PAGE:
The Hole in the Fence

And then I finished school and was immediately told my skillset was out of date. So I remembered what was important to me all along: Seeing the stars.

Where did all of this start? What changed me into a MAD scientist?

Anyways when I was taking Calculus II for the 20th vain attempt, but this time for real, my ancestral homeland fell under an unprovoked attack on the 100 year anniversary of our genocide. My tutor had to flee and I had to suddenly meet “my people” along with a rag-tag legion of mercenaries and furloughed IT workers and corporate consultants who saw no future in “The Same Thing Forever.”

In my own personal story, my wonderful NIST internship contract was revoked between year two and three, and then I just fell through the cracks. Maybe NASA forgot to look at my space cadette application. The US Army forgot I signed an indef contract. You find yourself in the same place but the world changes. Reality and digitality converge and every human interact suddenly became reduced to a stack of contracts that had to ezero out against another stack of contracts.

Every tear told a story, and I made so many friends along the way.

I guess I’ll never find out the secret of Calculus III — where they get to switch from cow culos to Chaos Culos.

I think at the end of the day, the one thing I wanted before I even became a Girl Scout, before I tried to earn my Green Beret, before I even went to NASA thinking I would ever make it: the one thing I alwayever wanted was to take my telescope really far away from everyone and look at the stars. Whenever I would do this, these weirdos would show up trying to smash all my stuff saying it was dangerous. The people who attacked that village when I was taking Calculus II, for example, are the telescope smashers.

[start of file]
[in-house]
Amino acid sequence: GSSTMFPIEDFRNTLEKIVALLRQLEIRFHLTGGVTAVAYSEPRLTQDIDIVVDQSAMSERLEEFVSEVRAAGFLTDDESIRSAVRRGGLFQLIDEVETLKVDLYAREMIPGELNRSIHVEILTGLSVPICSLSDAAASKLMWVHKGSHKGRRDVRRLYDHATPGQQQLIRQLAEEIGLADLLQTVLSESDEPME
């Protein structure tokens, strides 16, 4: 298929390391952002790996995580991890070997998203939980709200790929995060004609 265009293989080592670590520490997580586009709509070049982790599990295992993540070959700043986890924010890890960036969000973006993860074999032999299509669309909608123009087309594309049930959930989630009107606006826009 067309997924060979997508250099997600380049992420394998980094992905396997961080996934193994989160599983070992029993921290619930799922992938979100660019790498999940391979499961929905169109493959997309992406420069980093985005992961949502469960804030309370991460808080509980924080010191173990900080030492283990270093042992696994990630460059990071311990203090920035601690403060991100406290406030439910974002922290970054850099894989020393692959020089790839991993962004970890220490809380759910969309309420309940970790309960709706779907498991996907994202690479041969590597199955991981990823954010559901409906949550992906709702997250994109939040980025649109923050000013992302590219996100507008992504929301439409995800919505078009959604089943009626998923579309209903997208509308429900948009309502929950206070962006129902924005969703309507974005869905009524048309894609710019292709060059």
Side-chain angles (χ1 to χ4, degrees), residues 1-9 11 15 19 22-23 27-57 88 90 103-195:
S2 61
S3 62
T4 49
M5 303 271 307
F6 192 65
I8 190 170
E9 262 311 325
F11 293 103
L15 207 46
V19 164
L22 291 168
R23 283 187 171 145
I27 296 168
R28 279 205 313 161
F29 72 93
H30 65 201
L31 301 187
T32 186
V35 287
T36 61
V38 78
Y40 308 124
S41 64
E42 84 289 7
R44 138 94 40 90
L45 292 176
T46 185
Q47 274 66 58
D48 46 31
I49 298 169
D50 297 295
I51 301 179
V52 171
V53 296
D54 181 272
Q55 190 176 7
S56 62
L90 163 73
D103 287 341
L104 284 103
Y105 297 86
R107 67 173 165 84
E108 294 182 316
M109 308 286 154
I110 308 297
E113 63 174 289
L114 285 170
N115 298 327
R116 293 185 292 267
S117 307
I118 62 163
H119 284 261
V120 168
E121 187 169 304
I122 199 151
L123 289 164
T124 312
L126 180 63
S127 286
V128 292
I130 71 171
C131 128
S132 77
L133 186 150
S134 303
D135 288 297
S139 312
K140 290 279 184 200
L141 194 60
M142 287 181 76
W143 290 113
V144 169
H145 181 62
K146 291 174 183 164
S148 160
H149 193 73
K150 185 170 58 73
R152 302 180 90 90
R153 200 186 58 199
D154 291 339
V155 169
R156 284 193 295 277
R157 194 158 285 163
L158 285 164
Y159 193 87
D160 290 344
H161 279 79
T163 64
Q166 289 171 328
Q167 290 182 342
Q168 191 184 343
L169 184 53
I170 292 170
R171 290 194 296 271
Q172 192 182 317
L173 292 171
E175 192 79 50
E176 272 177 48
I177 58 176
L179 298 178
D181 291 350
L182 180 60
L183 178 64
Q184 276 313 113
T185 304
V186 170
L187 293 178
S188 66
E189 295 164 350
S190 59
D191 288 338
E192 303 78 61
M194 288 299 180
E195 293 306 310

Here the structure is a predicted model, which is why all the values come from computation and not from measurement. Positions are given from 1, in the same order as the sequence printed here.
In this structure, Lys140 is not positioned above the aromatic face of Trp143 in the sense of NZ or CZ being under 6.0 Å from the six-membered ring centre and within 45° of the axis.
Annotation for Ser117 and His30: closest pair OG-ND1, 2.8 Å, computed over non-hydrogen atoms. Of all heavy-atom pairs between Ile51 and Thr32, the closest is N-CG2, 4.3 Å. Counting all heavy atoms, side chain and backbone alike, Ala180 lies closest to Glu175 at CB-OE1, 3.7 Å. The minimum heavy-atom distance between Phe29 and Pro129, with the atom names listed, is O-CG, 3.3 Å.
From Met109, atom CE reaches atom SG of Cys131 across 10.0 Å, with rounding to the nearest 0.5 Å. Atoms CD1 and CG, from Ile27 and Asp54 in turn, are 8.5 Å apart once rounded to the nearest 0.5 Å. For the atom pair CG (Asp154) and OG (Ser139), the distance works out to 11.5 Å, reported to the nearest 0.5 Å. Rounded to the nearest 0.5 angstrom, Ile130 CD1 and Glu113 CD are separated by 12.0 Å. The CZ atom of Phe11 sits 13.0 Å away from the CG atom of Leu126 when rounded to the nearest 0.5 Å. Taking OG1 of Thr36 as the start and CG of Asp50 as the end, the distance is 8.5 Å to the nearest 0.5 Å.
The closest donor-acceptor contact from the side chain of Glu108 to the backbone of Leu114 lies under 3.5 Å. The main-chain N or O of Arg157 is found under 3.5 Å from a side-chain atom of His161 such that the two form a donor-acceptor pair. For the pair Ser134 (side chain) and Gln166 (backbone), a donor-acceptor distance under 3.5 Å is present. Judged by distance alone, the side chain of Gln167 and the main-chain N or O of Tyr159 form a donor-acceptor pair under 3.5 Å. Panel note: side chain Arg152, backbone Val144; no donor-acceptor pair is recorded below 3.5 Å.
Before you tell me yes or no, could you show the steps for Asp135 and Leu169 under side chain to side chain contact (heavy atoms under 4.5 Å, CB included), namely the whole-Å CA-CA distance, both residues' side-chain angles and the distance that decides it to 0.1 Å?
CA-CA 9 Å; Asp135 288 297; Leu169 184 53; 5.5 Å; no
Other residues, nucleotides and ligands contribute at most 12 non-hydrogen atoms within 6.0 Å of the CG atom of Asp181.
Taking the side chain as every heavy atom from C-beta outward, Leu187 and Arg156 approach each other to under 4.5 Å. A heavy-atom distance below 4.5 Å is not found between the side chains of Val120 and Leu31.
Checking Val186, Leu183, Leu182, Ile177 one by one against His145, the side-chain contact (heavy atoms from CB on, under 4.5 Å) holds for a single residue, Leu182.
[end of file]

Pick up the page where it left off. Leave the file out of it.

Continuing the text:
I decided to create a chemical weapons company that focuses specifically on bionic acrylic nails that can get through metal detectors and make people type really quickly on all these devices that are meant to artificially frustrate us only to lease us back the ability to use them with less frustrations.

I have always been a lover, not a fighter, and what I realised is that women’s nail products slow them down and most of that is made for this generic “average finger shape” that no one actually has. I have seen everyone’s hands across the world. Some people have different nail shapes than others, but keyboards were largely a US-UK-EU innovation. There are some people who tell me they literally can’t type because they have to curl their fingers inward / obliquely, especially because low-flight laptop keyboards became the norm. It’s weird. Maybe that’s what holds people back. Maybe these keyboards keep getting shittier and smaller as a push towards just getting rid of humans from the equation, or ultra-optimising these to be toys or labour-generating devices for people with small hands.

So when I was in med school I got kind of wild with the radiology equipment when no one was looking. Basically these acrylic nails women get give their nail beds actual sunburns — and there are disposable covers that shield from the light but they are “bad for the environment”. it’s this weird intersection of being poor and having to fit into a mold where you just suffer as a fact of your life. I have a lot of chemical sensitivities and no free time so i never have actually painted my nails.

I think it’s also a good way to recapture plastics. Maybe I can sell rich people the trash they leave in my neighbourhood.

Do I care about AI? Of course: AI means love “love” in every language I know.

Dr. S, Disappointed